Sunday, July 31, 2005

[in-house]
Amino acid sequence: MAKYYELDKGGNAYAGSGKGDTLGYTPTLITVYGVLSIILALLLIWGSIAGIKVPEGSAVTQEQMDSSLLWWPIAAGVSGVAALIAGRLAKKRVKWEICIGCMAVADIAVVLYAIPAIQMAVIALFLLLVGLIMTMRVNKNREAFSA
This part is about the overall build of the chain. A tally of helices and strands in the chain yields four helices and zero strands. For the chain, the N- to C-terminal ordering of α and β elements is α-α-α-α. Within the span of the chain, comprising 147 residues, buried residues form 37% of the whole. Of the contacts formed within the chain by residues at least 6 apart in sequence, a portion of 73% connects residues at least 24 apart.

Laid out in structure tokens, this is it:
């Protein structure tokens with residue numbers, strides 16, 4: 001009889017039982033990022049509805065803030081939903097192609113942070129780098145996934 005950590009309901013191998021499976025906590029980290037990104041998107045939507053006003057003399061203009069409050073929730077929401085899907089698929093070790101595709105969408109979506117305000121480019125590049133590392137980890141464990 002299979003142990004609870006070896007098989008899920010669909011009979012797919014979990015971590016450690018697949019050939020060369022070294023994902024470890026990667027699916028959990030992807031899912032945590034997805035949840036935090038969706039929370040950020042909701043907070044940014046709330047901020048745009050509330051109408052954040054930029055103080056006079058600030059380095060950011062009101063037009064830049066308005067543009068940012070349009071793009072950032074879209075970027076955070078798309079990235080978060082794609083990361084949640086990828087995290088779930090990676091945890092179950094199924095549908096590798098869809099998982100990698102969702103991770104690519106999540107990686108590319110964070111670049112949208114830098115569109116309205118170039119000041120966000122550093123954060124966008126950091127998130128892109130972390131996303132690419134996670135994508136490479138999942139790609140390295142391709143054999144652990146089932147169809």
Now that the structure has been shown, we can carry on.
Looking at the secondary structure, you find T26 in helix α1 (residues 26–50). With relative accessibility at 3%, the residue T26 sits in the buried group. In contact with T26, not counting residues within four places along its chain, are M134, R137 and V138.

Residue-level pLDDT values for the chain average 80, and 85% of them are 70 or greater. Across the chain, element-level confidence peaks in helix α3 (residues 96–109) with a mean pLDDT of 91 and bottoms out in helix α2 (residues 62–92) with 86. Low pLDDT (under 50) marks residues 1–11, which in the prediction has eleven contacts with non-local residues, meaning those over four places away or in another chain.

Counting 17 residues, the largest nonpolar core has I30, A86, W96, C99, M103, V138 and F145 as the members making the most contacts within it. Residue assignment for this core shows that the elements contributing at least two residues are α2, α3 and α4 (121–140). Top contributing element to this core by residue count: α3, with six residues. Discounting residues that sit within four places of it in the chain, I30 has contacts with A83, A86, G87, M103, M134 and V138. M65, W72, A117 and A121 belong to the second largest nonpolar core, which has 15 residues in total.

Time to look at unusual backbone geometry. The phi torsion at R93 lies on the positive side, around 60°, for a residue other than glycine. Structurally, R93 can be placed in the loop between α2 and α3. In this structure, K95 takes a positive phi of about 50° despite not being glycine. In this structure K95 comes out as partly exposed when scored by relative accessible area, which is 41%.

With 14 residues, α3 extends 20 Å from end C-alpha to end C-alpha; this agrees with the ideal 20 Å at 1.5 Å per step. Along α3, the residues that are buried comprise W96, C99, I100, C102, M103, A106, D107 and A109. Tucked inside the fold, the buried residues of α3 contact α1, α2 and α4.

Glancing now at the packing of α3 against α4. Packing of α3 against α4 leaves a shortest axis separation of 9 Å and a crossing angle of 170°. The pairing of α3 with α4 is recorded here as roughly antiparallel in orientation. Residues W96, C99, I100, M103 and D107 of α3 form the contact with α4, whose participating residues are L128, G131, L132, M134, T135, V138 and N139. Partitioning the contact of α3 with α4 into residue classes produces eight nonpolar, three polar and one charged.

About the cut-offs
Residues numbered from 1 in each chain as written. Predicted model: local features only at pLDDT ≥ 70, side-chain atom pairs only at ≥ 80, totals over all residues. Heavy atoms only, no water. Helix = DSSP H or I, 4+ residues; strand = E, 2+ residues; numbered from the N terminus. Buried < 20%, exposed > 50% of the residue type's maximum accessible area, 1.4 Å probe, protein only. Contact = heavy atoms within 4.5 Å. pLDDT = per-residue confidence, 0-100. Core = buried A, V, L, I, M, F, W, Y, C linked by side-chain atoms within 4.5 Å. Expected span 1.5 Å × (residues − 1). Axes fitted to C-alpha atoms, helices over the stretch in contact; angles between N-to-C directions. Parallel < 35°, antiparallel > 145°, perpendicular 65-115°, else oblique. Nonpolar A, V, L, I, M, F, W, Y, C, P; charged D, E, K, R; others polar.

#6: Exiles, Immigrants & Outsiders in THE HOUSE OF SAND AND FOG & IN AMERICA 1/22/04 One definition of privilege is that you don’t have to remember to think about certain things. Decades ago, Langston Hughes brilliantly portrayed what it looks like when the powerful forget that anyone is watching. His short story collection, THE WAYS OF WHITE FOLKS, is an intimate education in the human consequences of the taken-for-granted. Exiles, immigrants & outsiders of all kinds, who cannot afford to be careless – those who juggling more than one world -- often stand in the most telling positions of all. Two locally playing movies examine such experience. HOUSE OF SAND & FOG, adapted from Andre Dubos II’s novel, is playing at Carousel Mall. Jim Sheridan’s IN AMERICA, written with his two daughters Naomi & Kristen, has left the Westcott but opened at Manlius Cinema & is also still at Carousel. HOUSE OF SAND & FOG tells the story of Kathy Niccola, a recovering alcoholic who loses her California coastal house by mistake at a tax auction to the Behrani family. An Iranian military officer before the Shah’s over-throw, Behrani is desperately trying to keep up appearances for his children. Turning a profit on this property is his last gamble. Like classic tragedy, the story begins with the ending, where a police officer asks Kathy, “Is this your house?” In the flashback narrative before she finally answers this not-so-simple question, Kathy is evicted, has a devastating relapse, takes up with a clueless cop named Lester who causes more havoc, & is first man-handled & then rescued by Behrani & his wife Nadi. Just as the title’s sand & fog are shifting & vague, there are very few specific time markers in this movie – we can figure out it must be the middle or late 1980’s by working a decade or so backward from Behrani’s skate-boarding son to his memory of the boy at 4 or 5, running on the shore of the Caspian Sea before the Shah’s regime was toppled in 1978. By contrast, IN AMERICA is full of cultural specifics. This is the semi-autobiographical story of a young Irish couple & their two daughters, who cross the border from Canada – the actual speeding ticket just south of Syracuse didn’t make it into the movie – to start over in New York City after the death of their youngest child Frankie. The family emerges from the Holland Tunnel into Manhatten to the Lovin’ Spoonful’s exuberant “Do You Believe in Magic?” Magical wishes & intentions very much inform this story, bring the Sullivans luck & save them, may even breathe a new daughter back to life through the invocations of their HIV positive friend, the African artist Mateo. Other pop music & references throughout to the 1982 movie ET, the story of another alien, locate the story in a very concrete time & place. The tone of the two movies couldn’t be more different. HOUSE OF SAND & FOG is full of real danger & daily menace. Barefoot Kathy steps on nails – I cringed just as much when I watched this scene a second time - Behrani’s son bloodies his knees skateboarding. Behrani fights with his wife & they fall down. Kathy both tries to shoot herself & poison herself in one night. Well, it goes on & on. Nothing is settled & sure anymore for these characters – not the ground underneath them & especially not family relations, which can dissolve or erupt any instant. Undelayed by disbelief & denial, the outsider Behrani is observant enough to see what is in front of him quickly – he knows Lester is acting illegitimately to frighten him off, & Behrani & his wife Nadi take Kathy’s mental state seriously enough to save her life. Their shift to the requirements of civility & compassion is graceful, immediate & authentic, explaining the bond each has with their son & the moving gentleness that each, though Nadi especially, has with Kathy’s brokenness. At one point Kathy wishes for her father - the Behranis may be the most loving parental figures she’ll ever have. Again in contrast, the tenement world of IN AMERICA looks rough, poor & threatening but is essentially safe. Sarah knows the girls will be safe with Mateo from just a glance where he nods to acknowledge her; they run worry-free through crowds, & on Halloween even the thundering, fearsome Mateo turns into a lamb with the trick-or-treating sisters. Even a neighborhood junkie who threatens Dad with a razor winds up pleading, “Can we still be friends?” This magical sense of protection has been framed as the ghost of brother Frankie, who has granted older sister Christy three wishes that save the family at critical junctures, & the dying Mateo, who literally invokes life into the new baby. So what is this American Dream, this success? In HOUSE OF SAND & FOG, the elusive dream of owning property – of “investment” – stands in tension with notions of real home & family. Kathy complains that after one night in her house, the Behranis – seen eating a picnic supper on the living room floor – are more at home there than she ever was. The Sullivan family stakes their future on “acting” – both as Johnny’s new profession & as what Sarah says they both must do to spare the kids from their own adult grief. In HOUSE OF SAND & FOG, there’s acting too – both Kathy & Behrani have scenes of bathing in public restrooms to keep up appearances when they have nowhere else to go. An immaculate Behrani assures Kathy’s lawyer, “All is not as it appears.” In each film the children of course have the task of translating this new culture. The Sullivan sisters explain Halloween trick or treating this way: “In America you don’t ask, you threaten.” But what is hopeful particularly for us is that daughters inherit the true fruits of this American dream in both movies. Behrani has a married daughter, Soraya (after the Shah's queen, no doubt) & she – after Kathy sees that her life is more important than this house – will inherit this property. Again referencing classical tragedy’s structure, she has been off-stage, apart from the carnage, so she can begin anew, with her pony-tailed Americanized husband. Similarly, the Sullivans have a third child, a baby girl whose birth allows them to say good-bye to Frankie & truly start over. (1050)